What Are Students Like at This Learning Level?

At the typical Chicago high school, theater courses are not broken out by grade level, so ninth graders may end up in an acting or playwriting class together with twelfth graders. That means teachers must accommodate learners at different levels. It’s important to understand that high school students take theater courses for many different reasons. Some are just looking for a fun, easy class within a schedule of more rigorous academic coursework. Others may see participating in theater as a way to make friends or gain a community. Still others may have the goal of beginning an eventual career in the theater. No matter what students’ reasons are, there are some cognitive, emotional, and physical characteristics common to students at the freshman and sophomore levels.

What Students Can Do at This Level

The learning outcomes below are based on the Scope and Sequence, which builds instruction sequentially across these levels. Keep in mind that students of different ages may be at the same level.
High School Level I Students Can… High School Level II Students Can…

create a back story (biography) of a character and use it to develop a detailed characterization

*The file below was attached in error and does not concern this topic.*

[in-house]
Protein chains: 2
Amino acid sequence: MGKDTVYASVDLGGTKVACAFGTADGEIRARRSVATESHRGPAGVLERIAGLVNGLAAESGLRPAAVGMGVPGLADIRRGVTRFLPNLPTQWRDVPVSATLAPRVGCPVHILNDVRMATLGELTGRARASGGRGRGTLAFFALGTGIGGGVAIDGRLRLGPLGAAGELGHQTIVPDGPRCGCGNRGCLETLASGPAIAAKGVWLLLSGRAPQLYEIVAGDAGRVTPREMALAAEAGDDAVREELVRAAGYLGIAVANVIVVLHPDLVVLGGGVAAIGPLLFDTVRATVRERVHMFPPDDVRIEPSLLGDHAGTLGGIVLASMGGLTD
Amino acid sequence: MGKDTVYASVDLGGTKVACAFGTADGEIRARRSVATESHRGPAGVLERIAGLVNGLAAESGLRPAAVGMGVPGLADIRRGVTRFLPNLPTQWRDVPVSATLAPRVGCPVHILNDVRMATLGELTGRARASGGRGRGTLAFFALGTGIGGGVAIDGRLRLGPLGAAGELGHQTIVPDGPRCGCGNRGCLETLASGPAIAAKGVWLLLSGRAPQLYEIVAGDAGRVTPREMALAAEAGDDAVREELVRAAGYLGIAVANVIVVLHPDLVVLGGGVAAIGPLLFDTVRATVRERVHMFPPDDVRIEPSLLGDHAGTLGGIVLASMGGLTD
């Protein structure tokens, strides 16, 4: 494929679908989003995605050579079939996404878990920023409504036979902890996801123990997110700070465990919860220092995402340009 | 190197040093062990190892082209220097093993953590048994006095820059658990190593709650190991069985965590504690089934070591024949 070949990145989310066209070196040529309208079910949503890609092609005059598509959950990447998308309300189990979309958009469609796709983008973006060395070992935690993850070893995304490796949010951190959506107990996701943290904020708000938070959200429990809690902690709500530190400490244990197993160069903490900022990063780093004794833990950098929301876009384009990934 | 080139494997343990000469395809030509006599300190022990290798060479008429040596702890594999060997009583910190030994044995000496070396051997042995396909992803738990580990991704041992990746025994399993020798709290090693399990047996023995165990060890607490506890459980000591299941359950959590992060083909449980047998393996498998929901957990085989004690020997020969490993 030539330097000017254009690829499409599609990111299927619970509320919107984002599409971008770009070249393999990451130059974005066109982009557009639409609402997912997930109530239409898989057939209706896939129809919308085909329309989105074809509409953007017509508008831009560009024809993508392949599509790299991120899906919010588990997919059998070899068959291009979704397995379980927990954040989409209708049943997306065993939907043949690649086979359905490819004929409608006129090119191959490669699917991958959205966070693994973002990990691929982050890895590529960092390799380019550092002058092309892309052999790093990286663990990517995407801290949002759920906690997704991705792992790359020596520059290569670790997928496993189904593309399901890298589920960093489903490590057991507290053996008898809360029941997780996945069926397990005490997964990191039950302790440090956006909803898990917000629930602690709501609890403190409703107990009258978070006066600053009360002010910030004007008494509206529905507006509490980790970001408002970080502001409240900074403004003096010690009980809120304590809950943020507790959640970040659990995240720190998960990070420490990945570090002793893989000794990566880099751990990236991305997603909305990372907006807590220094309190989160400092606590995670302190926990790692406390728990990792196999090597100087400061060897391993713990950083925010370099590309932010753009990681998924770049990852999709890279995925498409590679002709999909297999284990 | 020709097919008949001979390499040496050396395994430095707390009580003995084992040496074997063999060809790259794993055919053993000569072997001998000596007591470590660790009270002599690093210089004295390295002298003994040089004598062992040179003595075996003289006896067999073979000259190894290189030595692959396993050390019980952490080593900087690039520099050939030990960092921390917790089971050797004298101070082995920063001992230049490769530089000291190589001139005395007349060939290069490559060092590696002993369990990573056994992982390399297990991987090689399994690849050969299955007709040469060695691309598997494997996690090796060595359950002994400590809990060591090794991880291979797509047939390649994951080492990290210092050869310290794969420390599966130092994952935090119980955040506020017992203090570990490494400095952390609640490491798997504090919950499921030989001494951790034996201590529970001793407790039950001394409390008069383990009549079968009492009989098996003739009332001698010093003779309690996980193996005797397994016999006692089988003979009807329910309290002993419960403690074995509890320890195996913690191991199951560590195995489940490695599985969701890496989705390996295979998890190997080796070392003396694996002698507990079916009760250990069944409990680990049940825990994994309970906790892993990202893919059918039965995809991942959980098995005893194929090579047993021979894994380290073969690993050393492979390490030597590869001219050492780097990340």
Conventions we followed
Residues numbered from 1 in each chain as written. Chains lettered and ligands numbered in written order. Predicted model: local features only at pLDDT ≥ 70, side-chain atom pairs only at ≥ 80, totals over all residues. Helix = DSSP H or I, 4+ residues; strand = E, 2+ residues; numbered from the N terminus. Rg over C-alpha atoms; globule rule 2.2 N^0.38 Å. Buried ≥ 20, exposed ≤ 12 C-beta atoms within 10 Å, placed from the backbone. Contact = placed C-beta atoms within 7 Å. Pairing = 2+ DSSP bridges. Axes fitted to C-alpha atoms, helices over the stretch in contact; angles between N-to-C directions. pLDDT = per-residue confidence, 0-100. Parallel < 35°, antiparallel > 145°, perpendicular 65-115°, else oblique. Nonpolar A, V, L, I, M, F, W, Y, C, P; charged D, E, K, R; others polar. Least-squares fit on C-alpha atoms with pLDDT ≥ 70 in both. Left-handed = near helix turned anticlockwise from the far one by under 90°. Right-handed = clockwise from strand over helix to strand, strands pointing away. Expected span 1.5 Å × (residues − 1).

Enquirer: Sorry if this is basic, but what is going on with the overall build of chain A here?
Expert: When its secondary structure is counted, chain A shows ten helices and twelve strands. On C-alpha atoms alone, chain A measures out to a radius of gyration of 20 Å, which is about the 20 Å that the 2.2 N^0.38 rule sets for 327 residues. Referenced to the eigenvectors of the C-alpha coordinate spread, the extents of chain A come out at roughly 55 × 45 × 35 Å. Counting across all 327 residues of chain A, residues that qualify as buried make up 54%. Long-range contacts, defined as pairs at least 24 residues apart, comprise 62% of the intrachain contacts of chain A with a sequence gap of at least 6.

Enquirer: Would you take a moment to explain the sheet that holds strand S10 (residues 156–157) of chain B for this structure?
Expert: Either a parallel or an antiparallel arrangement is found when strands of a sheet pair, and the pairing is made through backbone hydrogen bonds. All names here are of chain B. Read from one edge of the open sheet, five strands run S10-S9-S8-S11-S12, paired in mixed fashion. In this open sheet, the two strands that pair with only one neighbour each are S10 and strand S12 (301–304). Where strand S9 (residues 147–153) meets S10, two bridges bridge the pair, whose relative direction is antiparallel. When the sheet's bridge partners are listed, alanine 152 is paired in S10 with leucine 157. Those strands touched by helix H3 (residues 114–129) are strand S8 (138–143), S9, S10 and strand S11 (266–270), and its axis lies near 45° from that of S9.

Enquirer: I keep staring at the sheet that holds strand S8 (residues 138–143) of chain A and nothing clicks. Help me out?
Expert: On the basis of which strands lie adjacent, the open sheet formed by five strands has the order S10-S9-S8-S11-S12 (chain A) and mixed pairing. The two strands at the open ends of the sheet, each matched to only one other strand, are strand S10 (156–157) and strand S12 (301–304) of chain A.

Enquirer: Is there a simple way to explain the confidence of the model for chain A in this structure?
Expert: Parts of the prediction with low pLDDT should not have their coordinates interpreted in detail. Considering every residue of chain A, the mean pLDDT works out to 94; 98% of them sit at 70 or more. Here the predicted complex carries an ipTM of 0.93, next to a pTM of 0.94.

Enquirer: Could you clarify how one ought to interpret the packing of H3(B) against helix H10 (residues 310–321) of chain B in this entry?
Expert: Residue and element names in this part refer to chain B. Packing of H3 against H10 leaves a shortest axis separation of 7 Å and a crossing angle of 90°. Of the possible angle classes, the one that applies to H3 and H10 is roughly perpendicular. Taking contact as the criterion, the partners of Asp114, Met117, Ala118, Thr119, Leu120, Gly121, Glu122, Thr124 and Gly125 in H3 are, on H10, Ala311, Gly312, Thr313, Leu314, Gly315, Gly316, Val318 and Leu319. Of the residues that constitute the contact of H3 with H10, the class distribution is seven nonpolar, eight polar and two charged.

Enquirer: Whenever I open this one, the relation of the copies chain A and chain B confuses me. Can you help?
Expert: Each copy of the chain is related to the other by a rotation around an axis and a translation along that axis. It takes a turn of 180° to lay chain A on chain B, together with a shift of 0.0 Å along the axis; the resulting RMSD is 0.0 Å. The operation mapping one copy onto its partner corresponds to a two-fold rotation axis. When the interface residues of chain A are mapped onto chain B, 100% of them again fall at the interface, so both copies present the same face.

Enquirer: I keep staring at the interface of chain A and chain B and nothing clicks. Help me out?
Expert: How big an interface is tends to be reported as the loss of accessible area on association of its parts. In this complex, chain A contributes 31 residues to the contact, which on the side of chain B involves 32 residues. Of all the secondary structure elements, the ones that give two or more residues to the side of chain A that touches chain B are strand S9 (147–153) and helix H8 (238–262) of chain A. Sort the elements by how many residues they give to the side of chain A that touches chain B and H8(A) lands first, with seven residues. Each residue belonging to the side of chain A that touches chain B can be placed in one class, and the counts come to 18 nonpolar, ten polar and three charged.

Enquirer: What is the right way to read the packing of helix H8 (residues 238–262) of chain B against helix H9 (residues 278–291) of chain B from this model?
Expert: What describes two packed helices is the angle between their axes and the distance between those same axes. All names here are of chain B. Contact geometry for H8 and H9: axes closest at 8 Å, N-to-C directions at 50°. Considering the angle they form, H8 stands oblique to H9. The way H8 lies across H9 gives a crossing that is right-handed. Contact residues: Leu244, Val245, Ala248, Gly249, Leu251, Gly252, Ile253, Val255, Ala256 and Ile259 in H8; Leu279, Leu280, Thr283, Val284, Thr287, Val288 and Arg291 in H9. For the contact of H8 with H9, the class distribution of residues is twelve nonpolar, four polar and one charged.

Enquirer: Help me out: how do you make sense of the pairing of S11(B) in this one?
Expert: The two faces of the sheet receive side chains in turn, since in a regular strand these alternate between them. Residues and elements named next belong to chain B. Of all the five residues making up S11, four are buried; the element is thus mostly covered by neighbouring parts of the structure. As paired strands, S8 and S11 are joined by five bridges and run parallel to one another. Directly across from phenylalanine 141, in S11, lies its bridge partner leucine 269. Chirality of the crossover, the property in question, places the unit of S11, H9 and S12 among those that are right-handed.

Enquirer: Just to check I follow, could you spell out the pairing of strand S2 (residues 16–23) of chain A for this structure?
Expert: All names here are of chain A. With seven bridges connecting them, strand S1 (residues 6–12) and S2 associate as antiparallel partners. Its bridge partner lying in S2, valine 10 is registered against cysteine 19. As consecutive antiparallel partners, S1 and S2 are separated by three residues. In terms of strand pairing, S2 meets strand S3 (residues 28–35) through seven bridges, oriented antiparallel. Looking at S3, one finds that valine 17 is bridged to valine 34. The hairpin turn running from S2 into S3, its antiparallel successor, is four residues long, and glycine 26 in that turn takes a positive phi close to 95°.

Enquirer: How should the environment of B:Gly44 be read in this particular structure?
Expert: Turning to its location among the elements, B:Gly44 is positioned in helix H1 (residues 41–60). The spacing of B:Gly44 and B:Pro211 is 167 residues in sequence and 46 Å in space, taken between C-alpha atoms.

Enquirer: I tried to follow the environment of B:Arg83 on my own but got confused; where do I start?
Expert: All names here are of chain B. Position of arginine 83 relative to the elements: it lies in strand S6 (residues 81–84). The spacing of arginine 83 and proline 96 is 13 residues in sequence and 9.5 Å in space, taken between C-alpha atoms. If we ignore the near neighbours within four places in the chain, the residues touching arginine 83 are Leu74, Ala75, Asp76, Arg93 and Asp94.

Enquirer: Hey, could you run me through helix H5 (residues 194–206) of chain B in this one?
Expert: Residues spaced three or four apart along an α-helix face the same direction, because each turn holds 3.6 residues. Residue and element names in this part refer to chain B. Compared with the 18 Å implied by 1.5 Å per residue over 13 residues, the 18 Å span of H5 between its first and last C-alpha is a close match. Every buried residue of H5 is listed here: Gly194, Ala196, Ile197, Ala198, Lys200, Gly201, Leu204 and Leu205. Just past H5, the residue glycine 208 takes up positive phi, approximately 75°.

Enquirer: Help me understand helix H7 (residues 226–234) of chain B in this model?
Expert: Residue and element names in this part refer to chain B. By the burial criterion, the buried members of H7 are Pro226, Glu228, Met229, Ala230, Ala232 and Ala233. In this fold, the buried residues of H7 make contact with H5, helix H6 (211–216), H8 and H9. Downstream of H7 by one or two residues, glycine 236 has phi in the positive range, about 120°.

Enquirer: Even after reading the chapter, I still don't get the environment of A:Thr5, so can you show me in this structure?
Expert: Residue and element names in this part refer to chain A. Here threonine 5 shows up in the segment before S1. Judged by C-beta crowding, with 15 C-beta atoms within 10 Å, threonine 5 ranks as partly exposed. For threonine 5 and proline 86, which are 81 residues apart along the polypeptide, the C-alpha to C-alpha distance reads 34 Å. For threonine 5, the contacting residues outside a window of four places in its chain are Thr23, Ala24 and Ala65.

write a two-person scene


create improvised dialogue that reveals character motivation, advances plot, provides exposition, and conveys theme

use improvisation as an approach to scripted material


discuss the collaborative relationships and interdependence of artists who work in the theater

devise an organizational chart to demonstrate the structure and flow necessary to the development and presentation of a theatrical production


understand and describe the form and structure of plays

evaluate personal progress through the creation and use of a portfolio of theater work


understand and relate how theater-related media and other associated areas provide occupational opportunities in the world of work

understand and relate how the fundamentals of different art forms relate to the study, process, and production of theater